Auditory and olfactory abilities of pre-settlement larvae and post-settlement juveniles of a coral reef damselfish (Pisces: Pomacentridae)

University of New South Wales School of Biological, Earth and Environmental Sciences Sydney NSW 2052 Australia
Marine Biology (Impact Factor: 2.39). 01/2007; 147(6):1425-1434. DOI: 10.1007/s00227-005-0028-z

ABSTRACT The propagules of most species of reef fish are advected from the reef, necessitating a return to reef habitats at the end
of the pelagic stage. There is increasing evidence of active attraction to the reef but the sensory abilities of reef fish
larvae have not been characterized well enough to fully identify cues. The electrophysiological methods of auditory brainstem
response (ABR) and electroolfactogram (EOG) were used to investigate auditory and olfactory abilities of pre- and post-settlement
stages of a damselfish, Pomacentrus nagasakiensis (Pisces, Pomacentridae). Audiograms of the two ontogenetic stages were similar. Pre-settlement larvae heard as well as their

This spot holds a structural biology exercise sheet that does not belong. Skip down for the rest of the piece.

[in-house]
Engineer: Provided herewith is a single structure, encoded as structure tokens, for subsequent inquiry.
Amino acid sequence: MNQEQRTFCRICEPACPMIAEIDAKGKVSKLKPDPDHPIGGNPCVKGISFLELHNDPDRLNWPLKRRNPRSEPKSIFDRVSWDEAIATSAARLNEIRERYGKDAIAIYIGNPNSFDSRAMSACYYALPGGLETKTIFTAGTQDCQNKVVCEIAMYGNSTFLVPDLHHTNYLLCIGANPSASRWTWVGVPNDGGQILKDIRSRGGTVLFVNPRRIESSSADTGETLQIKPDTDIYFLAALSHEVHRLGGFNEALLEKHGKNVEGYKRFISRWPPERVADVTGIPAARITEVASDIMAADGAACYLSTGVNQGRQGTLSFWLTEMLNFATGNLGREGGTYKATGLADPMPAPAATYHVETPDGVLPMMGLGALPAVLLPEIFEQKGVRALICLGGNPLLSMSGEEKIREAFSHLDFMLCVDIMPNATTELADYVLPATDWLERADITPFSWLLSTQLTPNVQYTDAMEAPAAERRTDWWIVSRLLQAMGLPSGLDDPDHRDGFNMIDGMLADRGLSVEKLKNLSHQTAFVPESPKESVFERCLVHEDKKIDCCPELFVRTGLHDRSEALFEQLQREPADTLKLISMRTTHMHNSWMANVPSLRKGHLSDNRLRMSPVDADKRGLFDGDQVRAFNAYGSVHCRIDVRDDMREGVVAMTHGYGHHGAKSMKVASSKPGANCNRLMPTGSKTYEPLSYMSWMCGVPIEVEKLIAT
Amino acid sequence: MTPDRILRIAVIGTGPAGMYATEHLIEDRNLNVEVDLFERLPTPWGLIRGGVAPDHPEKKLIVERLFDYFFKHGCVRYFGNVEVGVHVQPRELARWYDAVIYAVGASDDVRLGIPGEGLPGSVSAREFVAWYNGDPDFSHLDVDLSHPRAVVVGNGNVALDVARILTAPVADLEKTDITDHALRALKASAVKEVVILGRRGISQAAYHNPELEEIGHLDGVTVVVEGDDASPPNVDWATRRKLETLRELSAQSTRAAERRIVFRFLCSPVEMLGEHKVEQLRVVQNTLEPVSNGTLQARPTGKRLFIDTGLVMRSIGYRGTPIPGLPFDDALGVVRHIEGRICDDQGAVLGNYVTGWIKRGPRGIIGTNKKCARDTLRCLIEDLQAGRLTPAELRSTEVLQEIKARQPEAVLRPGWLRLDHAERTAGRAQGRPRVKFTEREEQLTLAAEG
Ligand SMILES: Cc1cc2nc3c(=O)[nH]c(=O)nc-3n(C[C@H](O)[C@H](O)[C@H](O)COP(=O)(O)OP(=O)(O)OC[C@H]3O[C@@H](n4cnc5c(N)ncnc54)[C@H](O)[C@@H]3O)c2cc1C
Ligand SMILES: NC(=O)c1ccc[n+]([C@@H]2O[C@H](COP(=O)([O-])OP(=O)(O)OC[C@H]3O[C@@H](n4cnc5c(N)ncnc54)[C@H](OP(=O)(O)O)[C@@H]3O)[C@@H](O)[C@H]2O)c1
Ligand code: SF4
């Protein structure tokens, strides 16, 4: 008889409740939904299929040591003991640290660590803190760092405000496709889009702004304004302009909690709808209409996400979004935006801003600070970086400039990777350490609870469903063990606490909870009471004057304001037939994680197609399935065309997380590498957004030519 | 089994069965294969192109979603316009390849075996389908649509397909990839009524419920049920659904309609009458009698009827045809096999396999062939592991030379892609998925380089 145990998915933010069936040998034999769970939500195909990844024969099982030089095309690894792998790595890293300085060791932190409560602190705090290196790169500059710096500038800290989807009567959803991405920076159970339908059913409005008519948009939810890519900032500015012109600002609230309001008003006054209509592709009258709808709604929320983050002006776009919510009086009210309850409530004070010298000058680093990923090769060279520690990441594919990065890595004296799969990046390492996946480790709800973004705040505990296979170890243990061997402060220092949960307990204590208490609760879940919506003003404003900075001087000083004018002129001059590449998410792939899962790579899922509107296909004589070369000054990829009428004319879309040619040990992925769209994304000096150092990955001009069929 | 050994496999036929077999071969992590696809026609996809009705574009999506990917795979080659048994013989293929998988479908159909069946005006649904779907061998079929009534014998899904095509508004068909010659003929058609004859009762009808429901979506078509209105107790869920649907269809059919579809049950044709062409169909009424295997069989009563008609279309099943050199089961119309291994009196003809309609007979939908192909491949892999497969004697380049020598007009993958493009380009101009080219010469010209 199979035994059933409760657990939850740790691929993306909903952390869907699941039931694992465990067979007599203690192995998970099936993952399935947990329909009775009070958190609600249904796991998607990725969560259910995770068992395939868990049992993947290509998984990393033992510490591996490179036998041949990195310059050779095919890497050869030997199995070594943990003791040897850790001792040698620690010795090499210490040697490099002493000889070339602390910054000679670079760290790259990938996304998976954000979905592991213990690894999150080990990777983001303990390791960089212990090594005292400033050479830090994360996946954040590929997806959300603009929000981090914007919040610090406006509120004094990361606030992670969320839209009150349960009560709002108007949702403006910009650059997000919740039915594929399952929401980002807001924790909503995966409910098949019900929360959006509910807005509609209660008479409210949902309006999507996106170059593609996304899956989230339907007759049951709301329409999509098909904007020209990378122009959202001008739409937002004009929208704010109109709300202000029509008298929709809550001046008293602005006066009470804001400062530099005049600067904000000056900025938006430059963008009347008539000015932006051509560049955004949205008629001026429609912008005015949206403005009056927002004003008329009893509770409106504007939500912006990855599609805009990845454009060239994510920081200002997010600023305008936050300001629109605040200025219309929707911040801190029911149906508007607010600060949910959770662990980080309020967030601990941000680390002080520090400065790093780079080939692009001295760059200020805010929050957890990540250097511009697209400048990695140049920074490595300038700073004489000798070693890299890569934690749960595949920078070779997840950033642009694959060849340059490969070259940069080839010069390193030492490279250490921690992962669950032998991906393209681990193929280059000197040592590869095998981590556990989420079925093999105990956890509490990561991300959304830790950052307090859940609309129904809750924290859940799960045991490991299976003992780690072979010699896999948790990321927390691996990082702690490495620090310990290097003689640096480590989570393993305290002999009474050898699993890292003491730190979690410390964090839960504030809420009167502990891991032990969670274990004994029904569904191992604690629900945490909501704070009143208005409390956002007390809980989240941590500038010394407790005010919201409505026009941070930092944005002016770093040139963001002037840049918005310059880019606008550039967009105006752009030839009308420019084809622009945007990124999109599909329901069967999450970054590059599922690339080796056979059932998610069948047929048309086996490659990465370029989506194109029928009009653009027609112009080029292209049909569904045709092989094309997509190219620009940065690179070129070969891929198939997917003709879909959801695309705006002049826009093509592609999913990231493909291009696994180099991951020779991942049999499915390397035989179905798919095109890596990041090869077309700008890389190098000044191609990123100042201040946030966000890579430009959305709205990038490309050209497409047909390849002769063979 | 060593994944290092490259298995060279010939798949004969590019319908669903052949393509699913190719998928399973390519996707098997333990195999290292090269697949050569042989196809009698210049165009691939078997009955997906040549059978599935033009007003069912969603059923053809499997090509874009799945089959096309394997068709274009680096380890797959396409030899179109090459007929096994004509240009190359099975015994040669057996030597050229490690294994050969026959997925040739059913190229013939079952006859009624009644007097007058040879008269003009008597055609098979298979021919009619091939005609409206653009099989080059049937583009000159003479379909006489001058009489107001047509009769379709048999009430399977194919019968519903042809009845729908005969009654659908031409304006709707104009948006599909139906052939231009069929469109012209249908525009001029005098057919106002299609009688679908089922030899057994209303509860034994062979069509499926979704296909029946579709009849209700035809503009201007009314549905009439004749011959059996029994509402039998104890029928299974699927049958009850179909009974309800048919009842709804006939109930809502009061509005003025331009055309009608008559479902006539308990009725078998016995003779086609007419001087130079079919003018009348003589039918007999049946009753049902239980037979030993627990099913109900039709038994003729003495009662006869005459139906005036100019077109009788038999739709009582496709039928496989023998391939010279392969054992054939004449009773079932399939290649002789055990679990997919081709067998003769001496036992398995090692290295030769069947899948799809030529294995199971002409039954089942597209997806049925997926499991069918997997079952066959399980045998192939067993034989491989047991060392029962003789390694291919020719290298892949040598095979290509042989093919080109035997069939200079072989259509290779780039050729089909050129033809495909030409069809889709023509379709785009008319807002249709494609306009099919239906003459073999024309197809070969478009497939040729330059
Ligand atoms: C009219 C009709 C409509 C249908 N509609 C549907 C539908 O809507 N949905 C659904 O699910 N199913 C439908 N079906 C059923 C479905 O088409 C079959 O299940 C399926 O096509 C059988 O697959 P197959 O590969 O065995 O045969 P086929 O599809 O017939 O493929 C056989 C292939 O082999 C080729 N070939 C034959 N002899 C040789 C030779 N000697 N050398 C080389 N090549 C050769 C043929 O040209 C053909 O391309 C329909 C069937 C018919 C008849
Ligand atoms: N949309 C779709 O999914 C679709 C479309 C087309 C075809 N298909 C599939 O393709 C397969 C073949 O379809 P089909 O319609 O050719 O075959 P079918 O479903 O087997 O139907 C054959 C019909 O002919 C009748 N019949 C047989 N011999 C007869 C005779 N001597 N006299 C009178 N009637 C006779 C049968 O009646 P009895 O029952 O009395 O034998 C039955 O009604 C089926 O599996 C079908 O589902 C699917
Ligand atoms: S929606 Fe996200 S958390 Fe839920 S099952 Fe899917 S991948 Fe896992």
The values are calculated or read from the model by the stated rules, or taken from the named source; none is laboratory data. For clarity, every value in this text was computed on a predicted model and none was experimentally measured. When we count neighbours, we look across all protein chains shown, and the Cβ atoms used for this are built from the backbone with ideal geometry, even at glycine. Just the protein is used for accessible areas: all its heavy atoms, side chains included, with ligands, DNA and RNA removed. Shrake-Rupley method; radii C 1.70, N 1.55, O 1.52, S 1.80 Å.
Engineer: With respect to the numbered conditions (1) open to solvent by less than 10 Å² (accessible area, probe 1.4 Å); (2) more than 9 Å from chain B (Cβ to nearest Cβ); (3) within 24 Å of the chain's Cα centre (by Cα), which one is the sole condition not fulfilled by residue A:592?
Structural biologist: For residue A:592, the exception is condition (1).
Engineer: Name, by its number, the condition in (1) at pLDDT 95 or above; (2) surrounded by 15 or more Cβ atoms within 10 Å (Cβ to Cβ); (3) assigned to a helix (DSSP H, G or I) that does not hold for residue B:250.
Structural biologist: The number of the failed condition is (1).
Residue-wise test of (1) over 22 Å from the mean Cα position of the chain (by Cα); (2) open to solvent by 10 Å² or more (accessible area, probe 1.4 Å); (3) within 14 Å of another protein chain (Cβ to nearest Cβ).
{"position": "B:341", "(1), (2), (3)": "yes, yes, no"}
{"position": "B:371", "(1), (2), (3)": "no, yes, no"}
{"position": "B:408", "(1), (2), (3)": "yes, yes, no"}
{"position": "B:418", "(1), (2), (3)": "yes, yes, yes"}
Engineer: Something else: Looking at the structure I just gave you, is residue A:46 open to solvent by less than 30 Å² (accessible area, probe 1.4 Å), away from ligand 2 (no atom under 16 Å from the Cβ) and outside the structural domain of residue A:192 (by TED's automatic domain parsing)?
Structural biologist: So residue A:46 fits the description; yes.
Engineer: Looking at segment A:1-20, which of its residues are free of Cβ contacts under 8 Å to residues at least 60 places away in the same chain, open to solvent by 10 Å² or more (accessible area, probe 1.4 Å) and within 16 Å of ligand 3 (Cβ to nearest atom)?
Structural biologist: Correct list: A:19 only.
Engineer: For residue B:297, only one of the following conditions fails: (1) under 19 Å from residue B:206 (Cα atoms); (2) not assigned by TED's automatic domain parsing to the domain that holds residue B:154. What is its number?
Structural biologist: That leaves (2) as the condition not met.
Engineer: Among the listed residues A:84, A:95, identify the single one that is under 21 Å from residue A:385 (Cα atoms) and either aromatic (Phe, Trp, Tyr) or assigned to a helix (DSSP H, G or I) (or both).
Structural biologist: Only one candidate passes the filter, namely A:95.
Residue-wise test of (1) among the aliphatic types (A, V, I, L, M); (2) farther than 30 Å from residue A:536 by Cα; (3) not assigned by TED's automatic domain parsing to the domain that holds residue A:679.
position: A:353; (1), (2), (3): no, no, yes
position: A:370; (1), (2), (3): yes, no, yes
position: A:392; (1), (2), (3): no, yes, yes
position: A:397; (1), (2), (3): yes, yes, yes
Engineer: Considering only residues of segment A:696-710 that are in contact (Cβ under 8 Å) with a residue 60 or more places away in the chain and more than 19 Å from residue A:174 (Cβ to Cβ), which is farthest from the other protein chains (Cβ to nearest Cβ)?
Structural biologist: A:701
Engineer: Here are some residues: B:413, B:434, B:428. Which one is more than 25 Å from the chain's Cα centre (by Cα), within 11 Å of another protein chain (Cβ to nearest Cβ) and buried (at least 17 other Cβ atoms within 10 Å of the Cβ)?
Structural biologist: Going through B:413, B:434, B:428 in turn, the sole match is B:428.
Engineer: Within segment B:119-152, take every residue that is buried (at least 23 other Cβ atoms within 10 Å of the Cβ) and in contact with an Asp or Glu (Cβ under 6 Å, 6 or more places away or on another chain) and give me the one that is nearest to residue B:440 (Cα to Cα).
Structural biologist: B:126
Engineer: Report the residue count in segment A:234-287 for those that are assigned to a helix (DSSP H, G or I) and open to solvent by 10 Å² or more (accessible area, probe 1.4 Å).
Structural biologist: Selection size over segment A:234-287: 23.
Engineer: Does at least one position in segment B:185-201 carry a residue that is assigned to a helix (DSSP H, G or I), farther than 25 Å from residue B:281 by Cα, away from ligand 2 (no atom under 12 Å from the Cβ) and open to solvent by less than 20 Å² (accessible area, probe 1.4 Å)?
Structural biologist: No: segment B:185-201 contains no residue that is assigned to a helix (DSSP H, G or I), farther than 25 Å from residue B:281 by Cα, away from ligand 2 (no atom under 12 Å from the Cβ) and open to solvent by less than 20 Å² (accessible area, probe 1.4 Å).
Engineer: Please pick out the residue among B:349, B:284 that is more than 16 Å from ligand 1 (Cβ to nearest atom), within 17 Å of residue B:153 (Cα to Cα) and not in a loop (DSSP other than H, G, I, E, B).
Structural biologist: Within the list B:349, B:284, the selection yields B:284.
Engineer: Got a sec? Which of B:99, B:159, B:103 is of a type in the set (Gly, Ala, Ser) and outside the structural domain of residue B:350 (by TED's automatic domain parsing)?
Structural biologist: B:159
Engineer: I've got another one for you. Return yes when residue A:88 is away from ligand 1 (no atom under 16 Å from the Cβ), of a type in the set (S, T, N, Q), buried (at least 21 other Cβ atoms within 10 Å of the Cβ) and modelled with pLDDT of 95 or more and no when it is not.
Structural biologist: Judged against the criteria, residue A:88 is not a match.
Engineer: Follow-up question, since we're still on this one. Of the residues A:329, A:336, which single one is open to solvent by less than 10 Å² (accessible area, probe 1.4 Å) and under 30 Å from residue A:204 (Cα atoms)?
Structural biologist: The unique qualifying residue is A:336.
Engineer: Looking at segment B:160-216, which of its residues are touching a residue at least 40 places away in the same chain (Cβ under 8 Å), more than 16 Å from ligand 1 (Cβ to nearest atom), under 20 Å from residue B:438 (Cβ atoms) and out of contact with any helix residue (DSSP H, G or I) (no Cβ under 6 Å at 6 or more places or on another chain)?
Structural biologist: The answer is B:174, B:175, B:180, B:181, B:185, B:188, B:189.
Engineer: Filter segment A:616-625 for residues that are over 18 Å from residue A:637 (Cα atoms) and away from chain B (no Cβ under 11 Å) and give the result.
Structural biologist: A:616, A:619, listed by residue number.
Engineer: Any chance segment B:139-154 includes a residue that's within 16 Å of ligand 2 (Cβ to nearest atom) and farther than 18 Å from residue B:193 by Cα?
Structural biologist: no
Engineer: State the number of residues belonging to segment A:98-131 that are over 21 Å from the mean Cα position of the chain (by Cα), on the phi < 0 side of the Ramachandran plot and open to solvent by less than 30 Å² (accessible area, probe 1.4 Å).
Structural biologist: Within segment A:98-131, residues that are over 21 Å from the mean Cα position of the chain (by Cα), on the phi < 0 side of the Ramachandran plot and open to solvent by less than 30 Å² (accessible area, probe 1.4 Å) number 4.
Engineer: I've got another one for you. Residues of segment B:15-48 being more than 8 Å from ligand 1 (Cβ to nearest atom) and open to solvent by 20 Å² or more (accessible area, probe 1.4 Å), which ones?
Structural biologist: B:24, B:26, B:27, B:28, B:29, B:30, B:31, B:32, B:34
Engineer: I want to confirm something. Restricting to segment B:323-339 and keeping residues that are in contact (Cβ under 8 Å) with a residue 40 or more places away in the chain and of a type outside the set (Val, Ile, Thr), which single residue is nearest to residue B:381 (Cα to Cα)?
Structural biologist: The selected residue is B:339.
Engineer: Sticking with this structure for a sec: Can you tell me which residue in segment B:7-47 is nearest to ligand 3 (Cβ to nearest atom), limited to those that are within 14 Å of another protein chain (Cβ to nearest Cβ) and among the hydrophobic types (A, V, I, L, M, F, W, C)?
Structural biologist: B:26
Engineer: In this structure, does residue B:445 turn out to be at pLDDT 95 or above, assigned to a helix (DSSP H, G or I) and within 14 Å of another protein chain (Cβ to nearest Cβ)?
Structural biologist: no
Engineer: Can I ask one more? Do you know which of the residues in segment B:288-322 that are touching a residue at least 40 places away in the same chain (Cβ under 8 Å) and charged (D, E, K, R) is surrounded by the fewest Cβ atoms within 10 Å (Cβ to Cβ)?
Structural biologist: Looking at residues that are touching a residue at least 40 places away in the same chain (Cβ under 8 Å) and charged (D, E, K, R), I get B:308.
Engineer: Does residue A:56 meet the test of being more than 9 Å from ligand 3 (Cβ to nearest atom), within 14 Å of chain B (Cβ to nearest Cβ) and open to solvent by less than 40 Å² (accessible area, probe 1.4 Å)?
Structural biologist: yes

post-settlement counterparts at all but two of the tested frequencies between 100Hz and 2,000Hz. At 100 and 600Hz, pre-settlement
larvae had ABR thresholds 8dB higher than those of post-settlement juveniles. Both stages were able to detect locally recorded
reef sounds. Similarly, no difference in olfactory ability was found between the two ontogenetic stages. Both stages showed
olfactory responses to conspecifics as well as L-alanine. Therefore, the auditory and olfactory senses have similar capabilities in both ontogenetic stages. Settlement stage
larvae of P. nagasakiensis can hear and smell reef cues but it is unclear as to what extent larvae use these sounds or smells, or both, as cues for
locating settlement sites.

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